Thinking Differently about Suppliers and Customers

Furthering the discussion about innovating from my last post, here another upshot of a conversation I had with office mate Peter Tunjic, which I want to extend a little.

Perhaps the traditional concepts of customer and supplier lead you to bad thinking and behaviour. Perhaps a better way of thinking is that there is just the business, and everyone else is a trading partner.

Who could give you money?Outrageous you say! Heretical you say! Well consider this. Business need cash to survive, your trading partners either provide you cash, or resources that you utilize for an eventual transformation into cash.

So who can give your business cash?

  • Investors give you cash for shares – so you can start to operate.
  • “Customers” give you cash for products or services – so you can continue to operate.
  • Benefactors give you cash for good behaviour – so you can grow
  • Government grants give you cash for research – so you can grow
  • Banks give you cash in return for a promise to repay it in the future – so you can grow
  • Perhaps there are more?

So who do you give cash to?

  • “Suppliers” take your cash – in return for products and services you use to operate
  • Employees take your cash – in return for labour that you use to operate
  • Governments take your cash in return for the right to trade.

Now why this is important is that sometimes :

  • Its not obvious that another entity is just a supplier or just a customer, why should we choose and classify them?
  • By labeling our trading partners in this way, we mask opportunities.
  • By labeling our trading partners in this way, we poorly allocate resources to manage them.

Consider the two sided market place such as 99 Designs. They have designers competing to win projects (and perhaps get paid cash for their work, but perhaps not) and businesses logging design jobs and eventually receiving a design for the money they pay. Both are critical trading partners for 99 Designs to survive. The designers won’t come to the site if there are no customers supplying design jobs, and the businesses won’t come if there are no designers to do the work. In a two sided market place you need two groups to interact. But who is the customer here?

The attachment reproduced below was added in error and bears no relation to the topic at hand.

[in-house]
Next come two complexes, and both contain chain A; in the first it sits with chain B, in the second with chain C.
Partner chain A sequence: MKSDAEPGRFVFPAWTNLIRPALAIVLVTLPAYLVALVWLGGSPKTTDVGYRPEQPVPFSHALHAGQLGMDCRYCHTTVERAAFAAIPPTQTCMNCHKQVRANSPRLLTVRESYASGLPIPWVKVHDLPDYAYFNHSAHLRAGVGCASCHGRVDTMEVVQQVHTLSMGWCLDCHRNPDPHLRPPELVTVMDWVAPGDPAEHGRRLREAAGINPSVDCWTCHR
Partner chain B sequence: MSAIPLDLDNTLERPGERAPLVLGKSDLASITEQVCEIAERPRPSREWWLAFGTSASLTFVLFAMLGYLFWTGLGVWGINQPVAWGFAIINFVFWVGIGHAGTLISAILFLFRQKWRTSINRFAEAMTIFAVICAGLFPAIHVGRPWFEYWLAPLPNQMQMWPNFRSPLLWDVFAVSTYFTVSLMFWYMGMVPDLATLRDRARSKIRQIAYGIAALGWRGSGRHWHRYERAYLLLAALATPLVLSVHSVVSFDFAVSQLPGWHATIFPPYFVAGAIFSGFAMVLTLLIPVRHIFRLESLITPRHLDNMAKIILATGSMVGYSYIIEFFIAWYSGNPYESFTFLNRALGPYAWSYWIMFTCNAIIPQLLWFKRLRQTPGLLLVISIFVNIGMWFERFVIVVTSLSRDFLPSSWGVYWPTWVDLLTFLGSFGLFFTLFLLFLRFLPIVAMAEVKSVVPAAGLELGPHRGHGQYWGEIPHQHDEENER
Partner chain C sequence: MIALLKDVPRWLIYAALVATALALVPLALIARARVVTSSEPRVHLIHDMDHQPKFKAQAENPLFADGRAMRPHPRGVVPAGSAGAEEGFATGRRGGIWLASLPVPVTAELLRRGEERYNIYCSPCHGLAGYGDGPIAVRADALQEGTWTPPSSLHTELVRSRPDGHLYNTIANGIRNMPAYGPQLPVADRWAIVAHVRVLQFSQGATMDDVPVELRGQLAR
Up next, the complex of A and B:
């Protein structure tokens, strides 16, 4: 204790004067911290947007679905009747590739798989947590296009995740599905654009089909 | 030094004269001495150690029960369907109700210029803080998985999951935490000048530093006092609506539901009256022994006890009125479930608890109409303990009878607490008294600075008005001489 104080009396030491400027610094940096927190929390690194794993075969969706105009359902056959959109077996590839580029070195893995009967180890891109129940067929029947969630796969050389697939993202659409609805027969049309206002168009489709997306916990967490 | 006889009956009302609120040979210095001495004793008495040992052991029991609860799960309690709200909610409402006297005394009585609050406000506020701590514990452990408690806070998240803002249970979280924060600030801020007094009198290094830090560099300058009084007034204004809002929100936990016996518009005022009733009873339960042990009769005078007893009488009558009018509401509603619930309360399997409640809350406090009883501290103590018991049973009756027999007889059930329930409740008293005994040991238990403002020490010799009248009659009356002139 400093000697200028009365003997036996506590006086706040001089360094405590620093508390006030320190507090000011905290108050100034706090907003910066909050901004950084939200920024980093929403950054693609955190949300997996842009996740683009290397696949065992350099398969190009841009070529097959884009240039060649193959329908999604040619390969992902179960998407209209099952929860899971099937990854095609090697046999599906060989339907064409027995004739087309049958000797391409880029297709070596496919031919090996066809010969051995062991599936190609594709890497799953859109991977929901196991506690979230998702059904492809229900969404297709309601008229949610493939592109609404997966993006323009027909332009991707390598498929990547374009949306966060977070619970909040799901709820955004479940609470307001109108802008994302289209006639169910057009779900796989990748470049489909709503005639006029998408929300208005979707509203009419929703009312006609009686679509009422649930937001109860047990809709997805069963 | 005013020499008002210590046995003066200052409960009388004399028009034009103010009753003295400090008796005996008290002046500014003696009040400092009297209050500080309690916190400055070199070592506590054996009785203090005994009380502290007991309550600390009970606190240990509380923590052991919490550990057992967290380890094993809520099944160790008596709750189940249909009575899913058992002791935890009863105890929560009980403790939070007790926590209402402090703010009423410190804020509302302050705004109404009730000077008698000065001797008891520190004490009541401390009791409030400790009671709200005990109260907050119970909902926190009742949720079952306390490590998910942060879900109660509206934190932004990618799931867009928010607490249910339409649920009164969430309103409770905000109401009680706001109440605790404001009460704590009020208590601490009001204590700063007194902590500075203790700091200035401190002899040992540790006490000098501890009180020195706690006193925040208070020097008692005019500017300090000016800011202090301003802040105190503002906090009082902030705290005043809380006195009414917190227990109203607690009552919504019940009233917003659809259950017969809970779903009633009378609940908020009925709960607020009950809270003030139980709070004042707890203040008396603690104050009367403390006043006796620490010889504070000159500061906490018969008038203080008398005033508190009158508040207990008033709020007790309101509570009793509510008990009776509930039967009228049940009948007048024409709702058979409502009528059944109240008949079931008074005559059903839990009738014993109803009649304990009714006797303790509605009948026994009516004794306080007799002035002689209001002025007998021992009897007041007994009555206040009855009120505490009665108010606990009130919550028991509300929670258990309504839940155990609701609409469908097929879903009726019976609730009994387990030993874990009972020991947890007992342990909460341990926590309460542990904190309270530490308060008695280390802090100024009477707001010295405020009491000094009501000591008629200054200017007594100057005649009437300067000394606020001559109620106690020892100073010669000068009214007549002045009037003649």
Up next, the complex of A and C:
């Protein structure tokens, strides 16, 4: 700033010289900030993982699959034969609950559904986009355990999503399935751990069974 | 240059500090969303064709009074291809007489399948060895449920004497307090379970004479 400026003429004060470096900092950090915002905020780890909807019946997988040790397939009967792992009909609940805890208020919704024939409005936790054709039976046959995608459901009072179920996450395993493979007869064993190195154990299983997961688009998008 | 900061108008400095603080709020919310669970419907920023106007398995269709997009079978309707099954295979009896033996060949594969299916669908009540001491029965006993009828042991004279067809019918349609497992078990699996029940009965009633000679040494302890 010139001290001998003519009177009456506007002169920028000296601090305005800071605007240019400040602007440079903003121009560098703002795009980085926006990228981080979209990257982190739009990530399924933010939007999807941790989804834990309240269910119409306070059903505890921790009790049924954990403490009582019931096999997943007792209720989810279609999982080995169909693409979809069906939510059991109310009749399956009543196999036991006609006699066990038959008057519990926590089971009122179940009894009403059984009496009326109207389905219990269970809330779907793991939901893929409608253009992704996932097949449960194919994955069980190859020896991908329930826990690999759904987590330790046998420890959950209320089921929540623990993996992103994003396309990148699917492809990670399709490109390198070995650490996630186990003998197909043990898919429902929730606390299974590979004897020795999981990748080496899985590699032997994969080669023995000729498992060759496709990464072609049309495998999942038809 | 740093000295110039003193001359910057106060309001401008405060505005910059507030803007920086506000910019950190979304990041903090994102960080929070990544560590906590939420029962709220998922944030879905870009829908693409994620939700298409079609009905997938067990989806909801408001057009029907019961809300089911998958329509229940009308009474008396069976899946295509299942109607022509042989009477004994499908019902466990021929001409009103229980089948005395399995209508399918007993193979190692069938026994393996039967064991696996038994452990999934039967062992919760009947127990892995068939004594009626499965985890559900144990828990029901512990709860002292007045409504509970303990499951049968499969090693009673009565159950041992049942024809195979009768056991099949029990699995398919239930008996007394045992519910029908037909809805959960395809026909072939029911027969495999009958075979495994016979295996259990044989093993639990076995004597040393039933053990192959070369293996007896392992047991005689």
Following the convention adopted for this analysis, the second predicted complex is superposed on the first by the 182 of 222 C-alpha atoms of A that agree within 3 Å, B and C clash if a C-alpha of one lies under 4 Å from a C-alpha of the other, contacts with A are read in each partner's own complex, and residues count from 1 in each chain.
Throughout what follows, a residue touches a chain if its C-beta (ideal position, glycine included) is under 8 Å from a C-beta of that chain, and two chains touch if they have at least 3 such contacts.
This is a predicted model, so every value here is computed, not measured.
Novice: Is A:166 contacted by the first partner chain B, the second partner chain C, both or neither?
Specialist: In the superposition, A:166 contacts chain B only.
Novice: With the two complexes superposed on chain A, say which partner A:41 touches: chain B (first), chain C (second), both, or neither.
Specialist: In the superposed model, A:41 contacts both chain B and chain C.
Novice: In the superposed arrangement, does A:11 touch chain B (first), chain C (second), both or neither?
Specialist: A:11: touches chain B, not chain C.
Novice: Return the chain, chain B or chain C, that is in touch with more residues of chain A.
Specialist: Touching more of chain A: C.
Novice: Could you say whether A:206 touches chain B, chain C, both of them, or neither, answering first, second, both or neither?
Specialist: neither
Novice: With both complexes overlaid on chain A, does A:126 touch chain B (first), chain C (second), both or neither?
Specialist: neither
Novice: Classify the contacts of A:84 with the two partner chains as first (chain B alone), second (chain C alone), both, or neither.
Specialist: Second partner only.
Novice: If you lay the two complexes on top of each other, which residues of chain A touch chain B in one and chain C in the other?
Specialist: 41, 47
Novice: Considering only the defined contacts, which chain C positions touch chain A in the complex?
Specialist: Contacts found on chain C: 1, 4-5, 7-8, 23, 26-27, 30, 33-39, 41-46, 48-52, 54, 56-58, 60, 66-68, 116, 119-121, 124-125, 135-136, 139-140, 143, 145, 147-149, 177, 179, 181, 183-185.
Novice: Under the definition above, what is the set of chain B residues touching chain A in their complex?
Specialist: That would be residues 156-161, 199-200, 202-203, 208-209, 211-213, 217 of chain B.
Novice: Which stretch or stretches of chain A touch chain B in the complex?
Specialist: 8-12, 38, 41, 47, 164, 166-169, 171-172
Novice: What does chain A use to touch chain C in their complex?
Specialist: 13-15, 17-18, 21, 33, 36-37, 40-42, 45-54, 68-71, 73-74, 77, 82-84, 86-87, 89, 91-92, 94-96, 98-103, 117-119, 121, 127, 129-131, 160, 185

Consider the online business that generates content, wrapped in advertising, that is read by people who also pay a small fee to read content behind a paywall. The people supply eyeballs that the business sells, but they also provides cash for content.  The journalists supply content in exchange for cash but they also receive profile which they may trade on, and the advertisers supply content and cash. Again, clear demarcation of customers and suppliers is impossible.

So an innovative company may look at all the trading partners it traditionally calls suppliers and ask the question “what are they prepared to give me cash for?” It may also look at the trading partners it traditionally calls customers and ask “what are they supplying that I can sell for cash?”

Thinking this way gives rise to management of relationships based on their importance in the supply chain, not just sales people managing customers and purchasing officers managing suppliers. Which is why we start to see job titles such as community manager, engagement manager and supply chain specialist!

So to reiterate the point of my last post – if you want to innovate successfully, question the basics of everything you do.